Thursday, August 12, 2010
Updated: August 16, 10:00 AM ET
2010-11 Worst Newcomer of the Year
By Matt Wong
With the incredible amount of offseason player movement, there are bound to be a few moves that don't pay off. So we posed the question to our panel of 93 basketball experts:
Who will prove to be the worst acquisition of the offseason?
We're not talking about the worst player per se but the one who will have the most negative impact or the most disappointing season, relative to expectations, price, etc. Or the player who will wear out his welcome first.
As you'll see, a whopping 33 players received at least one vote, with a couple of high-priced power forwards leading the way.
Note: Some voters, to express their disdain for large free-agent contracts, chose players who became free agents and then stayed with the same team.
Here's the breakdown:
(Also check out our vote for Best Newcomer of the Year.)
|Expectations are high in New York with Amare Stoudemire on board. Can he deliver? Survey says ...|
2010-11 Forecast: Worst Newcomer of the Year
Stoudemire: While we've been somewhat optimistic about Amare's arrival in New York here and here, 20 percent of our voters think the Knicks' new $100 million man will prove to be a costly mistake. Questions abound about his long-term health (particularly given his multiple knee and eye surgeries), his ability to play without Steve Nash, and whether he can handle the pressure of playing in New York and being the leader of a team. And did we mention his health?
Boozer: We've also been somewhat optimistic about Boozer's arrival in Chicago here and here. But he, too, is injury-prone, has to adjust to a new point guard, and is expected to lead his team to new heights in a major market starved for a winning team. Sound familiar? Let's move on.
O'Neal: We've been down this road before with the Big Shamrock -- just last year, in fact. It's no secret that the Diesel has been in decline for several seasons and has only a little left to offer on the court. But perhaps the biggest concern is how he'll impact team chemistry in Boston. Can he handle being the fifth wheel or will he wind down his career as the Big Disgruntled?
Beasley: The former No. 2 overall pick is getting a fresh start in Minnesota. But while a change of scenery could be just what the troubled forward needs, you have to wonder about the fit. The Wolves lack both veteran leadership and frontcourt minutes -- two things Beasley will need to succeed.
Bosh: Miami Thrice is nice and all, but Bosh will have to make a big adjustment. After being the focal point of the Raptors' offense for the past seven seasons, he'll be the third option for the Heat and will likely see a dip in his numbers. Of course, what really matters will be how he handles the pressure of the playoffs, where he has never won a series.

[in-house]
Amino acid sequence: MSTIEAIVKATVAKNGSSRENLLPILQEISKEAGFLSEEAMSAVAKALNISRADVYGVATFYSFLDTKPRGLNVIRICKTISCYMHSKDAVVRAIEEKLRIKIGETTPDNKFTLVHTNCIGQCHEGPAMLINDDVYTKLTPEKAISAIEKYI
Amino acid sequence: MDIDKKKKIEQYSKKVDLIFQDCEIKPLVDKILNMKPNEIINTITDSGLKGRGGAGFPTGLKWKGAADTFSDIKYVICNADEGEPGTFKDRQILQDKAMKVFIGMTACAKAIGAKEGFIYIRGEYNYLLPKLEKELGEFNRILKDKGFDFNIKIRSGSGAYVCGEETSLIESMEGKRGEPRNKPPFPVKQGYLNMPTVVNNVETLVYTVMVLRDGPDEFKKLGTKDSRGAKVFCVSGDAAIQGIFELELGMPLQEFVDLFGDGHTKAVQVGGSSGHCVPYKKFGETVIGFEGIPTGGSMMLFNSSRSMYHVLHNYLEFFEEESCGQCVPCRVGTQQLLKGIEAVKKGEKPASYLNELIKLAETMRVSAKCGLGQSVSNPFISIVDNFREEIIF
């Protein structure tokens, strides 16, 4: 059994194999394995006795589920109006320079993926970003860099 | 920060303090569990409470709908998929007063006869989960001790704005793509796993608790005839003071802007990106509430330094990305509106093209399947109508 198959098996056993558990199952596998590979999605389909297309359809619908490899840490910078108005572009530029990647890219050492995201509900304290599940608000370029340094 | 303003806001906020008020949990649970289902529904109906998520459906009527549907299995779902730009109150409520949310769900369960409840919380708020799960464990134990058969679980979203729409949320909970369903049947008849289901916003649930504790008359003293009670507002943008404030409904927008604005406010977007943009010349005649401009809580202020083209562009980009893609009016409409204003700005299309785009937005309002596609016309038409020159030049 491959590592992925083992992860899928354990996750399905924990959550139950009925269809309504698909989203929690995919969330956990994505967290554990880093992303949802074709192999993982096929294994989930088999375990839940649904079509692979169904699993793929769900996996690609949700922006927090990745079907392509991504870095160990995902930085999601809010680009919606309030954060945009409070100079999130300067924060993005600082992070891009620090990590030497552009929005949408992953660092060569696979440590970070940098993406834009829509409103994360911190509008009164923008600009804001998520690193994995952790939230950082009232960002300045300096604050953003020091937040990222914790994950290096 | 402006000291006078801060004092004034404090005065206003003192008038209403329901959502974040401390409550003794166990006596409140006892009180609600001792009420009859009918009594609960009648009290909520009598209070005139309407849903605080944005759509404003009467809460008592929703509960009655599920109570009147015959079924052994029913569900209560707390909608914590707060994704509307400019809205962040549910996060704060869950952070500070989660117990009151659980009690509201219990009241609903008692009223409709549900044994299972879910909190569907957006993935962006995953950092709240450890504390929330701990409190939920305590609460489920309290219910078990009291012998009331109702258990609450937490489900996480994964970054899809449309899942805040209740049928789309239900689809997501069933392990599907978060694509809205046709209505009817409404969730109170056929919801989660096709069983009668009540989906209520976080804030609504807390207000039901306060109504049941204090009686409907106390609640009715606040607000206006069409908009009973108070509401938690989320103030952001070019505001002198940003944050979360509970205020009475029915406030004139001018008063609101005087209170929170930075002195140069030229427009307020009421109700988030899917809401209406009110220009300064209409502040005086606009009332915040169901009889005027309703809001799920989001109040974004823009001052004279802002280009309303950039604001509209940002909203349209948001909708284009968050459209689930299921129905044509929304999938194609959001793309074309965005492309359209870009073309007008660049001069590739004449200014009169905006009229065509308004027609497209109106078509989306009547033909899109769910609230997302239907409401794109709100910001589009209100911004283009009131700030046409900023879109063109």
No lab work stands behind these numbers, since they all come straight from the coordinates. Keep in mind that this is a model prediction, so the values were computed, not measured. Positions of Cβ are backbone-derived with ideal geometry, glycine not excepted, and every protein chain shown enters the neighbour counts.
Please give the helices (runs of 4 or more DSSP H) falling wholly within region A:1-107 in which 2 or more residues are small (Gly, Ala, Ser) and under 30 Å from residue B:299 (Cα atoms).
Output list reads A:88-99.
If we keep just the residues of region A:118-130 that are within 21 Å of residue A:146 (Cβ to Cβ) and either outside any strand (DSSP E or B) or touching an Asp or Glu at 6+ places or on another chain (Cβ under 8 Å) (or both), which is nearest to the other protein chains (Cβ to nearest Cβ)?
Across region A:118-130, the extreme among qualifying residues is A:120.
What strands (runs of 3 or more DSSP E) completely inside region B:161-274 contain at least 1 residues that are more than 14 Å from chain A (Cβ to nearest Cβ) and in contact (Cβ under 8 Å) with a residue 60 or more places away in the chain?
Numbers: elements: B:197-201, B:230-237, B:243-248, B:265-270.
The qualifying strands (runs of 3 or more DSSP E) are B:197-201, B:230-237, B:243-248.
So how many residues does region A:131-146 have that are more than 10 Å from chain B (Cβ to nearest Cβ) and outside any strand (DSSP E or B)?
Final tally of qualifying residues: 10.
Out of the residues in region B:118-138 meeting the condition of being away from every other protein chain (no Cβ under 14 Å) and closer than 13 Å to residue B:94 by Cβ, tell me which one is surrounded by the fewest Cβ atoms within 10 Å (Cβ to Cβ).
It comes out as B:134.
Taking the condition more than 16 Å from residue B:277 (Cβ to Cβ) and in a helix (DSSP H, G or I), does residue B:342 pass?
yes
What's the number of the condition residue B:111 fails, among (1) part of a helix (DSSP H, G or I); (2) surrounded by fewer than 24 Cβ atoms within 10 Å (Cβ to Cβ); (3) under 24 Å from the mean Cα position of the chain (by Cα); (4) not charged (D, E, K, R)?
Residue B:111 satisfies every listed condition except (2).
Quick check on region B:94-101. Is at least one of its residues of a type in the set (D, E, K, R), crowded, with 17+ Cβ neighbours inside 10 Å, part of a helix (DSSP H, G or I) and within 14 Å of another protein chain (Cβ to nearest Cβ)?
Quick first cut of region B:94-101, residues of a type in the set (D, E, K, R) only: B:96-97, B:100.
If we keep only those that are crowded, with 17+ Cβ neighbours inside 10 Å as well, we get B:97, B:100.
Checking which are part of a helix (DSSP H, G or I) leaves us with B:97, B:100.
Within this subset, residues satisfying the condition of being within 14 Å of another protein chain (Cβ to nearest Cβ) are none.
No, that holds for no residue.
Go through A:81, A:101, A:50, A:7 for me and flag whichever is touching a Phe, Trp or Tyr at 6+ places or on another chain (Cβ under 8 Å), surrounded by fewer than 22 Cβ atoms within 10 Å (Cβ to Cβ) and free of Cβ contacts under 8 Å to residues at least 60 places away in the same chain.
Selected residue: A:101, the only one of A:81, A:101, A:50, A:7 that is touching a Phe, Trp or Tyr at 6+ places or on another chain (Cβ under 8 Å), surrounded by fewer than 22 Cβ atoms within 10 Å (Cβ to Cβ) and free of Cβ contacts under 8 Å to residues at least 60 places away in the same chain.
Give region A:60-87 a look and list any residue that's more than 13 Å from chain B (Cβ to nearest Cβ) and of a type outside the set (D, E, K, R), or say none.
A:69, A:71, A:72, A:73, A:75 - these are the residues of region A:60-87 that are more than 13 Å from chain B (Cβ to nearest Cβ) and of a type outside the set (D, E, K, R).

Johnson: No, JJ isn't a newcomer to Atlanta, but some of our voters wanted to protest his six-year, $120 million contract (the biggest deal given this offseason), which many are calling the worst of the summer. With Johnson having just turned an old 29 -- he's averaged at least 38 minutes per game in each of his past seven seasons -- they have a case.
Turkoglu: Hedo is the kind of floor spacer/playmaker you'd expect to thrive in the Suns' system. But he is coming off a disappointing season in Toronto, which was more than happy to see him go. Factor in the four years and more than $40 million remaining on his contract, plus the reality that he won't help Phoenix fans forget Amare, and we understand the skepticism here.
Lee: Tough to be down on a guy who will be among the league leaders in double-doubles and form a nice pick-and-roll tandem with Stephen Curry. But a few of our panelists can't get past the fact that the Warriors shelled out $80 million and gave up Anthony Randolph and two other pieces for a player who can't stop anyone.
Maggette: Dealt from the Nellieball Warriors to Scott Skiles' defensive-minded Bucks, you can understand why a few of our panelists don't see Maggette meshing in Milwaukee. He can put the ball in the basket and get to the line, but can he earn minutes by locking in on D? That's not a given.
Outlaw: The Nets entered the summer with loads of cap room and a plan to land big-name free agents. But when LeBron and all the other major names went elsewhere, New Jersey's major free-agent move was giving a five-year, $35 million contract to Travis Outlaw, who has a career scoring average of 9.5 ppg. 'Nuf said.
Turner: The No. 2 pick in the 2010 draft had a few backers in our ROY vote, but not everyone is sold on his potential. As we pointed out Wednesday, Turner struggled in summer league and is stuck behind a glut of wings on the Sixers' roster. If he doesn't produce, he'll feel the wrath of Philly fans, who will be keeping an eye on DeMarcus Cousins and Derrick Favors, who went just below Turner in the draft.
• Click here for the complete list of voters